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Teenager and toddler having discussionSPEECH AND LANGUAGE DISORDERS

Speech and language disorders are disorders that affect communication and/or oral functioning that affects speech. There are a number of these disorders and they range from sound substitution or inability to produce certain sounds to the inability to understand language or produce speech that can be understood.

What are the symptoms?
There are two types of communication disorders:
With speech disorders, a person has trouble in producing speech. An articulation disorder is when a child has a problem making the sounds necessary for speech. Stuttering or a lisp would be an example of this type of disorder. Some people have problems pronouncing certain sounds like l or r.

A phonological disorder, also a speech disorder, is a bit more complicated. In this case, the person is capable of making all of the sounds, but their speech is still not easily understood. People with this type of disorder may have a voice that sounds very different, speak very, very softly or at a high pitch.

A language disorder is when a person cannot understand and/or communicate with other people. It is usually assumed that this is due to some type of neurological problem, but the cause may be unknown. People with language disorders may have trouble matching a word with its meaning, be unable to create sentences, be unable to comprehend what another person is saying or be unable to express themselves through language. They may have a limited vocabulary as well. It is not unusual for people with a language disorder to have more than one of these symptoms.

What causes them?
There are a variety of causes for speech and language disorders, but often the cause is unknown. Stroke and traumatic brain injury are common causes of communication disorders in adults. Some of the more common causes in childhood are hearing loss, autism, cerebral palsy, neurological disorders, brain injury and mental retardation. Physical problems like cleft palate or lip (where the lip is split) or other physical deformities or injuries can also result in speech and language disorder.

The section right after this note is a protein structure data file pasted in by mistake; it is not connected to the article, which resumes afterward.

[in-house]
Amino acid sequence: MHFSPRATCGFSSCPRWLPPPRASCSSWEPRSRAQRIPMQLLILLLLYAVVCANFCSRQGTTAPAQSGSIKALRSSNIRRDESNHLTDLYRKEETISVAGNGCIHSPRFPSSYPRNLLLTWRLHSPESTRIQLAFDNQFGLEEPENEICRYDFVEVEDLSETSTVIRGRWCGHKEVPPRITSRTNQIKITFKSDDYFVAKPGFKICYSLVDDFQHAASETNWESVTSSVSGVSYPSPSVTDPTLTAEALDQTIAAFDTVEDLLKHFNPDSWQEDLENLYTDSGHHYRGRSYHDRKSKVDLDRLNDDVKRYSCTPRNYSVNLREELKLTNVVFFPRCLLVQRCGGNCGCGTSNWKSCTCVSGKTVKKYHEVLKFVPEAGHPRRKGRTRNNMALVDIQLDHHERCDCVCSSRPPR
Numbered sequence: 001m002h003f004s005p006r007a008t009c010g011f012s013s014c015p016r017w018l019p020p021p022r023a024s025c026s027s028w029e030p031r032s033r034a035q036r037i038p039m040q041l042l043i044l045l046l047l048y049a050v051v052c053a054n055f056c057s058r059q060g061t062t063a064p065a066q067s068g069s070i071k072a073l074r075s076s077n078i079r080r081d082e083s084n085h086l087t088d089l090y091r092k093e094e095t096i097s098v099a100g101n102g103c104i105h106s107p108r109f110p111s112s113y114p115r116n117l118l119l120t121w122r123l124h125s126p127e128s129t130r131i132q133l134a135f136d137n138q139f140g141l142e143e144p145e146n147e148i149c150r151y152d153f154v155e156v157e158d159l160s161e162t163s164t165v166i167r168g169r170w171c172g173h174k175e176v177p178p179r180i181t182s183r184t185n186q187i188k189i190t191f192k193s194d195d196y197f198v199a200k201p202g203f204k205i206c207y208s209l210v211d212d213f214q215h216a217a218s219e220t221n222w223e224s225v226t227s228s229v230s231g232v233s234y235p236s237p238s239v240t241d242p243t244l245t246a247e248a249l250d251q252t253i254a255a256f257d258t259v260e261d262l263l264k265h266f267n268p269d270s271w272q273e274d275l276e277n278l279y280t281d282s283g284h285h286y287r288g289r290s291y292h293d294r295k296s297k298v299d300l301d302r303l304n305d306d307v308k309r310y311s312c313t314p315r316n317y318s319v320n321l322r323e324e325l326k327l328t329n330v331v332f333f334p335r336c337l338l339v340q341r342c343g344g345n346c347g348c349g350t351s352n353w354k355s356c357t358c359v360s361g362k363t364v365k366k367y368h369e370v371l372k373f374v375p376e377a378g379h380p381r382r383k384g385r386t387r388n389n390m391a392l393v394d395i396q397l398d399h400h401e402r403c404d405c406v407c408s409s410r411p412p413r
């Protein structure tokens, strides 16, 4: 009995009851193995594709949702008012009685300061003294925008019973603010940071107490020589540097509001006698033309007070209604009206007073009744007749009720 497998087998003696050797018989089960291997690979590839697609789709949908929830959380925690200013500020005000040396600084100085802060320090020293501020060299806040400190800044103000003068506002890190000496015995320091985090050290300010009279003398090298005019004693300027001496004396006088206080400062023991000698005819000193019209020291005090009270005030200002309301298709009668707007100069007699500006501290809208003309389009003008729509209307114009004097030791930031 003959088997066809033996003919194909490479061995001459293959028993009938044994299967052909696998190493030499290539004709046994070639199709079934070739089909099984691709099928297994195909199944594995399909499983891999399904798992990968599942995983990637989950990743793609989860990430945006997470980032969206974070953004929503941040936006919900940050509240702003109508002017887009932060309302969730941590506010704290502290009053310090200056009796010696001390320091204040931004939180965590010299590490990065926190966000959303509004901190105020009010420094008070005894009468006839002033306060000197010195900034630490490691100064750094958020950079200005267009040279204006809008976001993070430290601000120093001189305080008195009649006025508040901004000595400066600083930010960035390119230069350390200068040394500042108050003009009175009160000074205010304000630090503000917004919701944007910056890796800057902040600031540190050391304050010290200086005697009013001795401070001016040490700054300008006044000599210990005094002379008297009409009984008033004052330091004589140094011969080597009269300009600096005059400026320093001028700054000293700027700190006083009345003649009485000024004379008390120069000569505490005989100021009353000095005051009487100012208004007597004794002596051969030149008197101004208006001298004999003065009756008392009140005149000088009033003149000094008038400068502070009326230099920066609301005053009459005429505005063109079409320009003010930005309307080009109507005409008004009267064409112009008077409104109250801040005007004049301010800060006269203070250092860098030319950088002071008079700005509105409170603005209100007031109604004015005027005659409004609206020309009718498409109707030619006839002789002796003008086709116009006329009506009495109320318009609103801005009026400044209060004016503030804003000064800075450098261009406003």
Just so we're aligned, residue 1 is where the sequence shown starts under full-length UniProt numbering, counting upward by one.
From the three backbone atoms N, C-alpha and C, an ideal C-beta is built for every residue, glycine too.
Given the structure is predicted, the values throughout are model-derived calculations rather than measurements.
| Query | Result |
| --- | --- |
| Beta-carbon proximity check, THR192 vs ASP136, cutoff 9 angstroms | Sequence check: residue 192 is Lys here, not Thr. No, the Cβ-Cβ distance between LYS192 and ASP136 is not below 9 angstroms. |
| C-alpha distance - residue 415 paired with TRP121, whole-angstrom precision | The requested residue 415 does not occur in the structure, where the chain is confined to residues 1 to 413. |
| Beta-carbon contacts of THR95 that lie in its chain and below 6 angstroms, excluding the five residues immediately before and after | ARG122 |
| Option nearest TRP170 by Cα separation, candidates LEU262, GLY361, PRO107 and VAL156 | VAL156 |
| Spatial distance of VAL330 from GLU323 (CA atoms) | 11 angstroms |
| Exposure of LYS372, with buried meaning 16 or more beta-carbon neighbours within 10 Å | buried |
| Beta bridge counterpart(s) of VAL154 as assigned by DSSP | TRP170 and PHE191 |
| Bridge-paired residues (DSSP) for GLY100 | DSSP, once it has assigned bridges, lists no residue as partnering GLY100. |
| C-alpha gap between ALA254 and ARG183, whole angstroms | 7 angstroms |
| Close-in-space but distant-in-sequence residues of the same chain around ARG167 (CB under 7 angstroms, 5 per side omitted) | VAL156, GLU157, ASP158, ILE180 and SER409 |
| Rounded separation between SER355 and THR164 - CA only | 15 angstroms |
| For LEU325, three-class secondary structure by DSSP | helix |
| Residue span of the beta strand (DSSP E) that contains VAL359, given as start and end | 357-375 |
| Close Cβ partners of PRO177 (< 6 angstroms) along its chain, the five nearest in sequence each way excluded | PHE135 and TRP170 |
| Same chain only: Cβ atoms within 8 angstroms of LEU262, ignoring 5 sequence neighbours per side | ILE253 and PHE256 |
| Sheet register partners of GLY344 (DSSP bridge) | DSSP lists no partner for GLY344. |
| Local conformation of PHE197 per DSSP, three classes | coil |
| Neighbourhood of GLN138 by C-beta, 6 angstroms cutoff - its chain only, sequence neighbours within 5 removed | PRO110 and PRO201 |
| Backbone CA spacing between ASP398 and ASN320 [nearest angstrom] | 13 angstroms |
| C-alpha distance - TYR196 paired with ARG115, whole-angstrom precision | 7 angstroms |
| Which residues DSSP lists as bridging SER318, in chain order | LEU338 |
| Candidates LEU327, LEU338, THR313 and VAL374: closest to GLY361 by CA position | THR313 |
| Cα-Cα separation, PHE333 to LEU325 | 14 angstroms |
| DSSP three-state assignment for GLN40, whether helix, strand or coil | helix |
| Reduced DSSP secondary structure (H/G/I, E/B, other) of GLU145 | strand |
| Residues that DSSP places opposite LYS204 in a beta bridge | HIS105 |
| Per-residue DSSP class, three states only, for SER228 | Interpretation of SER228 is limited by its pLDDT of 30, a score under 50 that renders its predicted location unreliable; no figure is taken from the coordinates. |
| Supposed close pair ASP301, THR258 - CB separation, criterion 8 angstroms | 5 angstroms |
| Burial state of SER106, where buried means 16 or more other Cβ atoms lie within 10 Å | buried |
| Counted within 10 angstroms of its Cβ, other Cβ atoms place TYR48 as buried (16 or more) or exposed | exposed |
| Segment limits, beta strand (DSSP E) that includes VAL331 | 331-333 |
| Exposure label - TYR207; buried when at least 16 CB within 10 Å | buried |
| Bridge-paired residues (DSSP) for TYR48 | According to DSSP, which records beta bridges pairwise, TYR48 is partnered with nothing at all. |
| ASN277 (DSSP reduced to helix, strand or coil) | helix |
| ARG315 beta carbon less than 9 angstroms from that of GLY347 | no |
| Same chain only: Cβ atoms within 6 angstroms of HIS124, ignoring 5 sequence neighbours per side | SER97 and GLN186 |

What can be done?
For people with these disorders, a speech-language pathologist may be able to help. In some ways, a speech-language pathologist is like a counselor. By working with the child, family and teacher, her job is to help improve a child’s speech. She can develop a therapy plan for a child that may involve exercises to work on certain sounds. She can talk to the student’s teacher about ways to help the child communicate in the classroom. There are also products on the market, such as computers with a speech function, that students may be able to use to communicate better. A speech-language pathologist can also work with the family to develop a plan on how to help a child communicate that can be used both at school and in the home.

Language disorders tend to be complex because they often involve cognitive problems, or problems with the brain. Because the early years of a child’s life are when language skills are developing, it is important that these disorders be caught as early as possible in order to begin treatment and work on overcoming or dealing with the disorder.

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